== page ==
Recovering from an injury can be a long process that involves much more than regaining strength in the affected limb. As a trainer, it is common to have clients who have suffered an injury in their past. In fact, it is estimated that recreational athletes experience as many as 2 injuries/year. In our bootcamps, many of our participants have experienced injuries in their past ranging from simple ankle sprains to shoulder impingement to major knee surgery. Many people are surprised to discover that injuries can actually reset our entire body mechanics, and often disrupt wiring mechanisms between our brain and muscles. It is crucial we take appropriate action when faced with an injury in order to avoid what trainers and physical therapist refer to as “the cumulative injury cycle”. The earlier and more aggressive you respond, the quicker you will be back on your feet post-injury.
When an injury occurs, our body responds with an immediate immune response. White blood cell proliferation leads to inflammation at the injured area. General guidelines recommend RICE (rest, ice, compress, elevate) immediately after an injury. Something as simple as a sprained ankle demands immediate attention to keep swelling down; stop the activity, ice the area with a cold pack or ice wrapped in a towel and finally elevate and apply compression.
It is also important you differentiate between when an injury needs “rest” or immediate attention. In the case of a sprain, if the area is still painful one week later or swelling lasts for more than a two weeks, you need to visit your doctor. On the other hand, if you hear a “popping” noise at the time of the injury, experience severe pain, notice a change in color, or feel numbness or tingling, you should see a doctor immediately.
As you injury begins to heal, you may be tempted to jump right back to your previous activity level. The problem is, the muscle may spasm if challenged too soon leading to further inflammation and formation of adhesions around the injured area. The adhesions may impede movement in the injured area forcing other muscles to compensate. Over time new neuromuscular connections develop that can permanently alter posture and alignment. These muscle imbalances increase risk of future injuries. This process is known as the cumulative injury cycle.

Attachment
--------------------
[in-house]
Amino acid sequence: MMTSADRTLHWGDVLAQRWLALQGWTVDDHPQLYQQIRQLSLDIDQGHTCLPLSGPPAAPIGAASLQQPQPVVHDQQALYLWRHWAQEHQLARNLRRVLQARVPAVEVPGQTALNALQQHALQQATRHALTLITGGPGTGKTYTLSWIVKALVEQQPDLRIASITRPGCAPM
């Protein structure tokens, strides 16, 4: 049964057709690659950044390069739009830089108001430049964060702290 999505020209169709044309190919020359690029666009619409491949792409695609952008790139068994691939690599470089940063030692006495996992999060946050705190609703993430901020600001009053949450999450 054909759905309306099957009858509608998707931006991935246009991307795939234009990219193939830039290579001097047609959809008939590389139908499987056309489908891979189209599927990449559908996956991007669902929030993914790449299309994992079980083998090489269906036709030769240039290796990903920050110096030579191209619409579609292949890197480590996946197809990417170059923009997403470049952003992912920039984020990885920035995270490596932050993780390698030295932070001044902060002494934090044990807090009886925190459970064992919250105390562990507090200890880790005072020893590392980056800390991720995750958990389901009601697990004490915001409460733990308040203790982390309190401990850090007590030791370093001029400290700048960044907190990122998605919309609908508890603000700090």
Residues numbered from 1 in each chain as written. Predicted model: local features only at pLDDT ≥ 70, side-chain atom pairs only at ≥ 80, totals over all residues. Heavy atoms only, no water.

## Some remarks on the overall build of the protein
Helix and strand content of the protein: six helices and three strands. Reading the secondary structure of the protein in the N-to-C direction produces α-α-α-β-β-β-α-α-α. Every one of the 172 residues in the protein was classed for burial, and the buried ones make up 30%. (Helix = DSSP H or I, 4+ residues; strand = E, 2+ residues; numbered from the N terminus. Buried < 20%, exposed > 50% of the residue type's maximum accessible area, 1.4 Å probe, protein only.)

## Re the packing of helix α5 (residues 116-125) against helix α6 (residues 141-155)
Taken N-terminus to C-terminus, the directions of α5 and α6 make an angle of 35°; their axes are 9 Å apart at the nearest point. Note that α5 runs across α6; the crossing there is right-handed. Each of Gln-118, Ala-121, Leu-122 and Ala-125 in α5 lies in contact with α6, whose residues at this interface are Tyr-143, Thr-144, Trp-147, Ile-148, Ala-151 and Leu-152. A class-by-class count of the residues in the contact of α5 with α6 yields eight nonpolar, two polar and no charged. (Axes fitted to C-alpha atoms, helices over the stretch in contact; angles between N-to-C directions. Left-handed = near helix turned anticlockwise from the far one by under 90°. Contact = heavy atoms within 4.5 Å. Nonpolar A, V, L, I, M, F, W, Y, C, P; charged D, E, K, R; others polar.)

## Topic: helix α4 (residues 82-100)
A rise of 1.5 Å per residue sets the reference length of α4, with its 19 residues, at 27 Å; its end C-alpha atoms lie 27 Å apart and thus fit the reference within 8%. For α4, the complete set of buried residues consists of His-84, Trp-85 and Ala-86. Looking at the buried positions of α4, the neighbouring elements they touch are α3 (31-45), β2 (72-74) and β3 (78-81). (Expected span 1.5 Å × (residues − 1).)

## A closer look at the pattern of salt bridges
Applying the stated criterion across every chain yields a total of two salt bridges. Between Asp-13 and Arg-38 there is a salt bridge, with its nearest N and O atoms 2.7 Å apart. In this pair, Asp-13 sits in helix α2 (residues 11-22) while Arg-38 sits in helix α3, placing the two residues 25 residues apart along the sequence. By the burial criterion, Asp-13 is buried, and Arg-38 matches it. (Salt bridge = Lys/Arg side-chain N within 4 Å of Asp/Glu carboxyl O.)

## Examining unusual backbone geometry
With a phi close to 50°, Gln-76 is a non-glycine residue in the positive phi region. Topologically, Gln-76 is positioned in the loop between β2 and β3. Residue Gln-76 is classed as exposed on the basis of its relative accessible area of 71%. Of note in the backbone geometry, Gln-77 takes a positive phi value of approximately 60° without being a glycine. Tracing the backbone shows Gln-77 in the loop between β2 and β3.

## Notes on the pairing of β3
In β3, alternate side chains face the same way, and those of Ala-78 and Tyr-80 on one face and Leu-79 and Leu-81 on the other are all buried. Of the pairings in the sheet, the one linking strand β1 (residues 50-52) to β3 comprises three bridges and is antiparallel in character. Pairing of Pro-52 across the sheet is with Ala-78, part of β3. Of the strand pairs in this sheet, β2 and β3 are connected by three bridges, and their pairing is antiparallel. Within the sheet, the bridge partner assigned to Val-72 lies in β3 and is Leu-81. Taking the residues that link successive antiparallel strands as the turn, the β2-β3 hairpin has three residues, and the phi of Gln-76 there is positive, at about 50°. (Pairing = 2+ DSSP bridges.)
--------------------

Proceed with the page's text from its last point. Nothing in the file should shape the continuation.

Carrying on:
So what is the proper recovery time after an injury? Certainly that will depend on the extend of your injury but a good rule of thumb for minor injuries (sprains, muscle impingements, ligament inflammation) , is to completely rest the area for one to two weeks. If the swelling has gone away and you remain pain free after a light workout, you can gradually increase your intensity and duration to pre-injury levels. If pain or inflammation returns following activity, repeat the RICE process. If pain still continuos, a trip to the doctor may be necessary. More serious injuries will require immediate attention by a doctor, a significant period of inactivity in the injured limb and a post-rehab program developed by a licensed physical therapist. Physical therapist undergo extensive training in muscle and ligament mechanics, muscle imbalances and neuromuscular connections. They will design a program specific to your injury and needs. Once a physical therapist clears you for exercise, they will release you to a personal trainer or let you know of any activity restrictions.
Injuries that don’t heal properly or are challenged to soon, can lead to permanent muscle imbalances and limited range of motion. About 20 years ago I personally suffered from a hairline fracture in my wrist that never healed properly. Like many of you, I still struggle with certain weight bearing exercises and often invent my own modifications. As frustrating as being sidelined may be, your best bet is to listen to the experts and take a breather when experiencing joint or ligament pain. Many physical therapist and personal trainers can offer supplemental exercises that will still keep you active but won’t stress your injured limb. In the long run, the extra care will allow you to play harder in the future.